What does your revision process look like?
I think it’s important to understand how someone writes as a starting point, because revising as a planner versus a pantser may look very different.
I start with a fairly detailed outline. I have a spread sheet that I use to track my progress through each new scene and chapter. I veer from this as the story unfolds, but it helps me to check that I am reaching the big plot points at a reasonable pace. From the outline, I write a messy first draft. Once I have all the words down, I go back through and read the entire manuscript without changing anything. I make notes for each chapter about big picture changes or pacing issues. I then take those notes and write my synopsis based on chapter summaries from my spread sheet.
Once I have the synopsis, I consider what themes have emerged, and a lot of the time they are different from what I had intended to explore. With this in mind, I begin to flesh out character voices and motivations more heavily to represent their respective story arcs.
At this point, I am exploring the idea of sharing a rough draft with beta readers. Then, I go back to the beginning and begin to edit with their suggestions in mind and begin to add setting details, richer prose, and those small details that really peel a story off the page. I then allow someone else to read through for the overall flow and all the grammatical and punctuation errors I’ve have missed … and there are many. I finally send it off to my agent.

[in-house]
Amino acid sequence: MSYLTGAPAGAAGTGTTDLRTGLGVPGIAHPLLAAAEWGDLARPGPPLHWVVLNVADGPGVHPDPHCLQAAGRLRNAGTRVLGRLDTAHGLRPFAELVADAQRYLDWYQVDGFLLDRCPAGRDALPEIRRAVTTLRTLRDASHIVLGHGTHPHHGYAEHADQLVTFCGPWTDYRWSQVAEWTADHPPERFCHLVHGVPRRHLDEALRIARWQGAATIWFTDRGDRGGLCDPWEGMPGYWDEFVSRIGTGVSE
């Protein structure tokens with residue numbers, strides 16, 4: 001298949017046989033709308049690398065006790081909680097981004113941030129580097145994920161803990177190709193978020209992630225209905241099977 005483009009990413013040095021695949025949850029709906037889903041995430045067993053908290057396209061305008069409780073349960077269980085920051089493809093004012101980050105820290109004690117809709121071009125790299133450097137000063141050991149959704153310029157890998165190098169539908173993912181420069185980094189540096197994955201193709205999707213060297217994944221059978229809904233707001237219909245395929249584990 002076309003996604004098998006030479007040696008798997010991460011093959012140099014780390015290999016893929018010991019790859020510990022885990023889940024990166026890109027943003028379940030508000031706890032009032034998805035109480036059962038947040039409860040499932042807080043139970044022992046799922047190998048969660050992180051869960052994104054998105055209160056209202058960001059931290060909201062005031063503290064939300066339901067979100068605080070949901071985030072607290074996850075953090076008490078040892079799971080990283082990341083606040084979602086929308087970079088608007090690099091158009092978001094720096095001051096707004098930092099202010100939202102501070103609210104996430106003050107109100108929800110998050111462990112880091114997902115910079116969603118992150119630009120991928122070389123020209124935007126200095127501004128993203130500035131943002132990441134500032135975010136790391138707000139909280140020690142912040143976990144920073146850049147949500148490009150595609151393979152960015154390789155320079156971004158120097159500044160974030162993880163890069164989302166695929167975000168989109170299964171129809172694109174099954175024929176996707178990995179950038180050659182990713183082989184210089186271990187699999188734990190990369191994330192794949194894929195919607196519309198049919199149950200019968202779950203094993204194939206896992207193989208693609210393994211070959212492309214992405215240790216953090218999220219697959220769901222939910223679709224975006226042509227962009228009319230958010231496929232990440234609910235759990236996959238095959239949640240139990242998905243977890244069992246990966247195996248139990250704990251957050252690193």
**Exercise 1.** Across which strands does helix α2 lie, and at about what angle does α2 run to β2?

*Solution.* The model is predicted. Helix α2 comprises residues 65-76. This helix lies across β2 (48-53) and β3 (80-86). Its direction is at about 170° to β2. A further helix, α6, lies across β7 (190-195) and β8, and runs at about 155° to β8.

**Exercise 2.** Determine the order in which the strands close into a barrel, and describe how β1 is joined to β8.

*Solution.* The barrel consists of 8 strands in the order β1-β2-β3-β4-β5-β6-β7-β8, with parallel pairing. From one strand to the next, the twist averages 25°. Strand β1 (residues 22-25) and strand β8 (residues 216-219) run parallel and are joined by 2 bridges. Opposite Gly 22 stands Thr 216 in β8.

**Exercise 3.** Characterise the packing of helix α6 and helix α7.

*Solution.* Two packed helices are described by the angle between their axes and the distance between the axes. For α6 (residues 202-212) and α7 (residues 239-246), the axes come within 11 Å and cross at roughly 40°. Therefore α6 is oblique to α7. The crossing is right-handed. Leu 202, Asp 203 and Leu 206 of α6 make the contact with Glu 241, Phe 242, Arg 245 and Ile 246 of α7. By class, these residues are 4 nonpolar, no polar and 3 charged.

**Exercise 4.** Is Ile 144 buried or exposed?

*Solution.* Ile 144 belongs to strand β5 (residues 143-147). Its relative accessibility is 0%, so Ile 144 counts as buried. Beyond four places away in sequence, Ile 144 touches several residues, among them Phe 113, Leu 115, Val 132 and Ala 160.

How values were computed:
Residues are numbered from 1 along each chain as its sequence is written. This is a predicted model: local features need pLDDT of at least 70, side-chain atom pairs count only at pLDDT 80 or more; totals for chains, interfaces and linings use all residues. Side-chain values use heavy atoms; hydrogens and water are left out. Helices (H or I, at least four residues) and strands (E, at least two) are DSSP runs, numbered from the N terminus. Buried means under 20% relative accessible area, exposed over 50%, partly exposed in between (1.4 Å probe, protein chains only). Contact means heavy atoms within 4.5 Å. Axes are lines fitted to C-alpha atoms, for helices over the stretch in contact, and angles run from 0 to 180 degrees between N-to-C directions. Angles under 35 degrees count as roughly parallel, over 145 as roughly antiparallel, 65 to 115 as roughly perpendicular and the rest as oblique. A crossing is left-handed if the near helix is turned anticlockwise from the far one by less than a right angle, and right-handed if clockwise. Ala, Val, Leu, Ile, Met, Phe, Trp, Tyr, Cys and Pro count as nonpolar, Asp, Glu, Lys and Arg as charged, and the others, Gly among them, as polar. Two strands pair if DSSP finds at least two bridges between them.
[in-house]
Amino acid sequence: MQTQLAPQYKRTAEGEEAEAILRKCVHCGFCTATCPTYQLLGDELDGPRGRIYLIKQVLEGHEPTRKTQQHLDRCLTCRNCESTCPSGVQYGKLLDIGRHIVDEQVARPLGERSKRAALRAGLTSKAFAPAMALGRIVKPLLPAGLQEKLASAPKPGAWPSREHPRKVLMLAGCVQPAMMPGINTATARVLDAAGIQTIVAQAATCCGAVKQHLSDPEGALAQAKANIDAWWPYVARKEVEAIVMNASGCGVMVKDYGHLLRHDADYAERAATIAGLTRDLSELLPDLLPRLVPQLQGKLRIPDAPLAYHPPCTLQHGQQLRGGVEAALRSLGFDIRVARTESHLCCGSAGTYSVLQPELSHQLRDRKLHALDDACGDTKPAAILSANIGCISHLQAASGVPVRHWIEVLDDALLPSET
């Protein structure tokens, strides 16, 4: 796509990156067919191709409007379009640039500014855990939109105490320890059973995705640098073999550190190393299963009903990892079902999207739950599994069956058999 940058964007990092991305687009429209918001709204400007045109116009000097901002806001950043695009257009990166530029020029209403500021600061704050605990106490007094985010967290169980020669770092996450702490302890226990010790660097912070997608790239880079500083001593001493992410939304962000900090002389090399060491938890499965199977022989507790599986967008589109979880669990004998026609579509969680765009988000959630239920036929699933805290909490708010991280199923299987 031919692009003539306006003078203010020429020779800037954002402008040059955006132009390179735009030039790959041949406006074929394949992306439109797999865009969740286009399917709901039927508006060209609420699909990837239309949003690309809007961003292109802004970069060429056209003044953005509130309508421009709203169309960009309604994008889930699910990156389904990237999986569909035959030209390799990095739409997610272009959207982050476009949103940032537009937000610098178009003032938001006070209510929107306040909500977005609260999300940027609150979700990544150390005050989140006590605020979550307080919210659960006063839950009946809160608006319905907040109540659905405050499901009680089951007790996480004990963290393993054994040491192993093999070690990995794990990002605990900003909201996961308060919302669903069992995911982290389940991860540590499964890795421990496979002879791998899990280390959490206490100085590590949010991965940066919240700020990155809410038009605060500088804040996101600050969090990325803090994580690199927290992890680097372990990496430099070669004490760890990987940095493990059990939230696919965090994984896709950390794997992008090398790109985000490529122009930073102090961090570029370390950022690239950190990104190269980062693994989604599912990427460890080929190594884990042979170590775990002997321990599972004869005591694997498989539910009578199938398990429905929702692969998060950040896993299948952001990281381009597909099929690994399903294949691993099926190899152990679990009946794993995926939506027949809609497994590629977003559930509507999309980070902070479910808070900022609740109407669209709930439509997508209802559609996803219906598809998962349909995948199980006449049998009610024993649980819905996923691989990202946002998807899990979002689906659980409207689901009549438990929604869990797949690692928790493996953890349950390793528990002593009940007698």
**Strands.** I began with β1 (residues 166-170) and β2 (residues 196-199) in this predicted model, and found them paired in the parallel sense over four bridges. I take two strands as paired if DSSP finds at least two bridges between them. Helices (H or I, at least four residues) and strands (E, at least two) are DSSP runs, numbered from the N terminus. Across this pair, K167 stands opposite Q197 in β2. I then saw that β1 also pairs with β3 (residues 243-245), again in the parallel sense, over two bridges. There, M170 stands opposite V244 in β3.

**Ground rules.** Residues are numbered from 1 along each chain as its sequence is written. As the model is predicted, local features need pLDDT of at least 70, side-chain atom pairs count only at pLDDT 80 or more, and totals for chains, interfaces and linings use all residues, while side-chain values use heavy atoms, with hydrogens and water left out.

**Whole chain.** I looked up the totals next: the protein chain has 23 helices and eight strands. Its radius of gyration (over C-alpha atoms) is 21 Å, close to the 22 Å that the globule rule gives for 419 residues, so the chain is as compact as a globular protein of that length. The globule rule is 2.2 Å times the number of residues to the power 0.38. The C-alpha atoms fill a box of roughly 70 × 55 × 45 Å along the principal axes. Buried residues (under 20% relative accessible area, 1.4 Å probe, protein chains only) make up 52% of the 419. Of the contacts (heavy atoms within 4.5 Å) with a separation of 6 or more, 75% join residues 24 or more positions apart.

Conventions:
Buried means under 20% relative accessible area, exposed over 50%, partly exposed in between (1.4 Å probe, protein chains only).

What advice do you have for new authors?
This is not a race. Writing is something I came to later in life, and it has been so therapeutic for me to share words at my own pace. Sometimes in the writing community, there is this sense of urgency to get your story out there, but I think there is something special about waiting for the right moment when you know you have put your best effort forward. I am a perfectionist and likely take longer than I should, but if I had rushed that first book and tried to query it before my masterclass with Sara, I never would have had a chance to reach this point.
Tara K. Ross lives with her husband, two daughters and rescued fur-baby in a field of cookie-cutter homes near Toronto, Canada. She works as a school speech-language pathologist and mentors with local youth programs. When Tara is not writing or reading all things young adult fiction, you can find her rock climbing the Ontario escarpment, planning her family’s next jungle trek or podcasting/blogging at www.tarakross.com.
Fade to White is her debut novel.